Page Section Navigation
Go to: Header
Go to: Utility Navigation
Go to: Primary Navigation
Go to: Content
Go to: Footer
 
Blogging for Change Blogging For Change
by Jesse Campbell on February 20, 2017

Woman giving a thumbs down with the title  

Have you ever filled out an application for a credit card or a loan, only to be denied? Even if you've used credit in the past, you can still be rejected when applying for loans or credit cards. Experiencing such a rejection should serve as a wake-up call that something about the way you manage money and use credit may need to change. That’s why it’s important to understand why your credit application may have been turned down.

Fitting the profile

Credit decisions are rarely made by an actual person these days. Just this week, I submitted a request to have the credit limit increased on one of my cards. The process was completely automated and took about two minutes.

These decisions are primarily made by algorithms – complex equations used by creditors to weigh risks (the possibility of you not paying back the money you borrow) against rewards (the amount of money the creditor stands to gain in fees and interest from extending you credit). There’s rarely any human judgment involved in the process. Creditors set the criteria for certain products and certain rates. If you meet the criteria, you’re usually in. If you don’t meet the criteria, you may be limited to credit products with less favorable terms (higher fees, higher interest rates, etc.).

What’s your score?

This assessment almost always includes a review of all the information contained in your credit report, including your payment history, the amount you owe, who you owe, the length of your credit history, and how recently you may have opened any new credit accounts.

These factors may be weighed slightly differently depending on the credit scoring system being used by the creditor. In the FICO scoring system, for example, your payment history accounts for 35 percent of your score, the amount you owe is 30 percent, the length of your credit history makes up 15 percent, new credit is 10 percent, and your credit mix (credit cards, store cards, loans, etc.) is 10 percent of your score.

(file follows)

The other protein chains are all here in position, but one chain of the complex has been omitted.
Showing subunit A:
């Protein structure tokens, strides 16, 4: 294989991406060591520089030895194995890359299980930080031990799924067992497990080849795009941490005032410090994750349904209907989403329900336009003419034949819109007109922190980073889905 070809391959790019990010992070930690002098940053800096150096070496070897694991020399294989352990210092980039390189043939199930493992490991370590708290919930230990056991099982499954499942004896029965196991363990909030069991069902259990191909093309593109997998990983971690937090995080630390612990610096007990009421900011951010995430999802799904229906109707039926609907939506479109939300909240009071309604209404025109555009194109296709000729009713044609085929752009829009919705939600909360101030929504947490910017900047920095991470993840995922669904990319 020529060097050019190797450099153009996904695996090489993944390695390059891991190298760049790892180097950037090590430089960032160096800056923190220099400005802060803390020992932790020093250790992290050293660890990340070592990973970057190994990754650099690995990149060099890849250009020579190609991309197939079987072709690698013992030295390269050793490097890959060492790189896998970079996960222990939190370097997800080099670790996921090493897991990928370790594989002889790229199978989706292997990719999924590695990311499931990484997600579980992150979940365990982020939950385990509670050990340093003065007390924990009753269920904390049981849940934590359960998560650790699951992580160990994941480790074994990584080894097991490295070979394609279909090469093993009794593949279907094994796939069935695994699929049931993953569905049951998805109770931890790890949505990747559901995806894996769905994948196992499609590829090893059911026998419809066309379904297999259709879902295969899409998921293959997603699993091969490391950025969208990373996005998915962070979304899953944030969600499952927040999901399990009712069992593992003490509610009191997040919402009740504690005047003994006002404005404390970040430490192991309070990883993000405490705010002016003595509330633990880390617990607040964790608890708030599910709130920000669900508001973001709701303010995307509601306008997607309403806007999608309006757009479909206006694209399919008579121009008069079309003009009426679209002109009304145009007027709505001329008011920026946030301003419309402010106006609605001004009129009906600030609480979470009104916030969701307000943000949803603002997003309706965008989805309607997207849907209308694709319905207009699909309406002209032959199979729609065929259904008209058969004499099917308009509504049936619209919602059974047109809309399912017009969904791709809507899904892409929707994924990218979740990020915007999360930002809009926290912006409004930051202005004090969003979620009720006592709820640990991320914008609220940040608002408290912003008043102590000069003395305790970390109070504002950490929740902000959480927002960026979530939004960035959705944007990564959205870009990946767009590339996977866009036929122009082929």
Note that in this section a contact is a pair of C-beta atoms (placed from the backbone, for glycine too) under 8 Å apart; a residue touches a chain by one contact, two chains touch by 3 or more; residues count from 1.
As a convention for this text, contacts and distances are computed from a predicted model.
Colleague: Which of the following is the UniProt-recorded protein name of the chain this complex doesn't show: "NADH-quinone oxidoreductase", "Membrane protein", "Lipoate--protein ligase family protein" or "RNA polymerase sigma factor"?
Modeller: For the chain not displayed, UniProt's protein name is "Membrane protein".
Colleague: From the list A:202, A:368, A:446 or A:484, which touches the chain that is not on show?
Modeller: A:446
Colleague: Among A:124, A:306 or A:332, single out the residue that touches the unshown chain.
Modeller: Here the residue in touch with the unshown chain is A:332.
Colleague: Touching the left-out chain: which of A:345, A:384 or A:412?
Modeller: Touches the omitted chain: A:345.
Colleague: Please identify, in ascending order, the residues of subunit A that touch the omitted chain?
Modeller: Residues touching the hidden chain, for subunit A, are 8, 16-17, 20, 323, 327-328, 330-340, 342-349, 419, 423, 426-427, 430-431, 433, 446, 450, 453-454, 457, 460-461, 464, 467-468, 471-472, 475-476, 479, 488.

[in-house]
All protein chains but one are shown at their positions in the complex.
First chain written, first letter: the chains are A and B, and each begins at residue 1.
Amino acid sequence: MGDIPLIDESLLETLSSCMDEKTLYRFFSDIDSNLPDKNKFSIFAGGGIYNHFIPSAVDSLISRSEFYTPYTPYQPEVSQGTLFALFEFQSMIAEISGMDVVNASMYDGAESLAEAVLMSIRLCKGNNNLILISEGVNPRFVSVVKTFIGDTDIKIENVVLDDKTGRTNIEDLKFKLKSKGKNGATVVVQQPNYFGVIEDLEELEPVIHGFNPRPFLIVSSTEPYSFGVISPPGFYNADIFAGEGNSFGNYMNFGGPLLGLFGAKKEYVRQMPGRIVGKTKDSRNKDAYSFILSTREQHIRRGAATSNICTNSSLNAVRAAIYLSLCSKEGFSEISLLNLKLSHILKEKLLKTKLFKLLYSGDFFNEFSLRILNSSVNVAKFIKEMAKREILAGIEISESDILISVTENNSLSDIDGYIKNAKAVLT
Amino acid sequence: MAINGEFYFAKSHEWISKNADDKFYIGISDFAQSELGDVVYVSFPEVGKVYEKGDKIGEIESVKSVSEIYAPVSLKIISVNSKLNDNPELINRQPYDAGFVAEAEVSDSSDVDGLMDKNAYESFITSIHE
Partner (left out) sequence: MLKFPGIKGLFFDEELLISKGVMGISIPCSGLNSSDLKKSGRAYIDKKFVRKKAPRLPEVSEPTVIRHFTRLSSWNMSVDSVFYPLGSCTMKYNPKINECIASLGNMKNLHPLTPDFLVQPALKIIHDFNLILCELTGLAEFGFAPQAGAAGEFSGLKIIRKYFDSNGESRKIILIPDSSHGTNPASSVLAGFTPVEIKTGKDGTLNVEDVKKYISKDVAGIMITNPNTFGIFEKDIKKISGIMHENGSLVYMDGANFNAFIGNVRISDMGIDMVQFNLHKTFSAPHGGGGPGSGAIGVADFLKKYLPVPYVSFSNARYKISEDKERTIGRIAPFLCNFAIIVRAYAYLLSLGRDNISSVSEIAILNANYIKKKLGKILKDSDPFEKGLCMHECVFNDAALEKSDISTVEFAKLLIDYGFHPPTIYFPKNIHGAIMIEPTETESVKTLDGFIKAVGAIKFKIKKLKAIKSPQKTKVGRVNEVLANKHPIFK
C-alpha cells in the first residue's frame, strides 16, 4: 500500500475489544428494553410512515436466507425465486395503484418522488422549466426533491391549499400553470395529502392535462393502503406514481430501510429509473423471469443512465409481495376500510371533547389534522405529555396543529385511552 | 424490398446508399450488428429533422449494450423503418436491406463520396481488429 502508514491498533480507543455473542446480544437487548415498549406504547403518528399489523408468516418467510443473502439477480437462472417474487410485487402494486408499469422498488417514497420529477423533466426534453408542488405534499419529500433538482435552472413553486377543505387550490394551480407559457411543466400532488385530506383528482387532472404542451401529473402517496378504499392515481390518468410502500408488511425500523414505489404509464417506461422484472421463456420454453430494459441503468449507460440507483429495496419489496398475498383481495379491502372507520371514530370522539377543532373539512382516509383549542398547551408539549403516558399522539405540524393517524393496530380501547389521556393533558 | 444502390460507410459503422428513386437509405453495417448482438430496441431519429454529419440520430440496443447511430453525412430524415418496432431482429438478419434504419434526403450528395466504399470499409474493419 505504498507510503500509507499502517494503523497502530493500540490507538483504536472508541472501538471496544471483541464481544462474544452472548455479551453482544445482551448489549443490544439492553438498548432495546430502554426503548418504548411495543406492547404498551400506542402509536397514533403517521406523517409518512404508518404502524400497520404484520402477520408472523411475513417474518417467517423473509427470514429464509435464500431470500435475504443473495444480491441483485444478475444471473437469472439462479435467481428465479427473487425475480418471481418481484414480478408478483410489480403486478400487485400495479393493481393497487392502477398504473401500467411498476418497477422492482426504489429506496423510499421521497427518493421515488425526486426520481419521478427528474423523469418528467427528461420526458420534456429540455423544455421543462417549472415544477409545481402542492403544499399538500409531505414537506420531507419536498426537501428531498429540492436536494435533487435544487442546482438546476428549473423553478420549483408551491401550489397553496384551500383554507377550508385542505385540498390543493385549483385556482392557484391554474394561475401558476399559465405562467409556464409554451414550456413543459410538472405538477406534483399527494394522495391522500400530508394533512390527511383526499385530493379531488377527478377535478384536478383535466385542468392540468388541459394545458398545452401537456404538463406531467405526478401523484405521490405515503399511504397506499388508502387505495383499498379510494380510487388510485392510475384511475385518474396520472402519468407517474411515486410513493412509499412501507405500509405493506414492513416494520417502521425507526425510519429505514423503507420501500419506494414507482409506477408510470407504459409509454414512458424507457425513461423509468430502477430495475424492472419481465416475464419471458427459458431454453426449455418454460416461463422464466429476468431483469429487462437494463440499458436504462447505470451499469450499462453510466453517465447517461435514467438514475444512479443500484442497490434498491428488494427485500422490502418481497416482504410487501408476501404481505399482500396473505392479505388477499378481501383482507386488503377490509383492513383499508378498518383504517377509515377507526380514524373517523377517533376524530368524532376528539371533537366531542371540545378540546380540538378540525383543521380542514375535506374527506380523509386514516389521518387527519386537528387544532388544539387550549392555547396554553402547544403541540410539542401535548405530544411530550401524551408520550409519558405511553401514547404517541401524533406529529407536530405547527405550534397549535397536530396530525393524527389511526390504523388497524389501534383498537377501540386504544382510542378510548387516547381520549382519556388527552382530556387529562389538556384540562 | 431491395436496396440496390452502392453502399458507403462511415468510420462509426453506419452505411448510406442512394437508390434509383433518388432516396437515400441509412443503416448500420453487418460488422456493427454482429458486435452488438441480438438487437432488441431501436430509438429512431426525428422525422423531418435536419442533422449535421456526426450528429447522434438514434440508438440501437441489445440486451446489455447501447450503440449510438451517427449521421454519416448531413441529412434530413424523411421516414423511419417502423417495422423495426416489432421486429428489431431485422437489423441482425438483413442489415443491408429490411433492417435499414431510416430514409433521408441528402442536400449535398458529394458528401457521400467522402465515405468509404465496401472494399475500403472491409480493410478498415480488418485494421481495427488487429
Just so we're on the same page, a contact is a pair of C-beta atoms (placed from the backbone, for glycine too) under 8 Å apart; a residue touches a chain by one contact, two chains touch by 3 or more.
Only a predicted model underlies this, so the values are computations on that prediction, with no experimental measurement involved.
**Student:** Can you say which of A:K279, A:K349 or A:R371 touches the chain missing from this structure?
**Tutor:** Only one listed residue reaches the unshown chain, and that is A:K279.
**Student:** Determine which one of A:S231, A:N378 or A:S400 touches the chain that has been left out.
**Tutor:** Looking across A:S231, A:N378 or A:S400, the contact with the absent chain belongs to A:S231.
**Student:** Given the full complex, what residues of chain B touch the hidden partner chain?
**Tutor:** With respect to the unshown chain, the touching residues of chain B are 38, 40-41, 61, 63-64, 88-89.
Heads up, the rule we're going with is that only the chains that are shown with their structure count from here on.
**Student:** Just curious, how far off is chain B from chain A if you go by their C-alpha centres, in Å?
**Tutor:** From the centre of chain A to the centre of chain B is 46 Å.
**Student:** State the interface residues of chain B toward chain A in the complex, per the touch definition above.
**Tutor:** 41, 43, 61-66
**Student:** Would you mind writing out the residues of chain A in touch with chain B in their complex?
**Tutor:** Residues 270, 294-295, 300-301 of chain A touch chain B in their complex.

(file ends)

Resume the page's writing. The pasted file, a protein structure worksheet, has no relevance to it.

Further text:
The number of times you apply for credit and the frequency of your attempts to get credit are also taken into consideration. Applying for multiple loans and cards in rapid succession can make you seem risky and reduce your score temporarily.

Missing the mark

So right off the bat, you may not qualify for a loan or credit card simply because your credit score is too low to meet the requirements. That, of course, can be corrected over time by simply using credit wisely, making timely payments, and keeping your balances low (or carrying no balance at all, if you can manage it).

A creditor may also deny your loan request because you have not held your present job or lived at your present address long enough. Your salary may also not be high enough to meet the requirements for the credit card or loan product. Some lenders are interested in the reason you are requesting the loan to determine if the request is reasonable.

Whatever the reason, if your application for credit is denied, the lender or creditor in question is required to send you a notification in the mail detailing why the application was rejected. Once you know the reason, you can take active steps to address the problem. Make sure you don’t risk another rejection by simply applying again right away.

Additionally, it’s also possible that your credit report may contain incorrect information. Whenever you are refused credit, you have the right to receive a free copy of your credit report within 30 days of the rejection. Take advantage of this opportunity to check your credit report and determine if there are any mistakes.

Comment(s)

Gaylene Douctre says:
February 25, 2017

Need to build my credit score



Required
Name:
Website:
Email:
Comments:
Please provide the comments.
Security Code:
Please correct the code.
 

Archives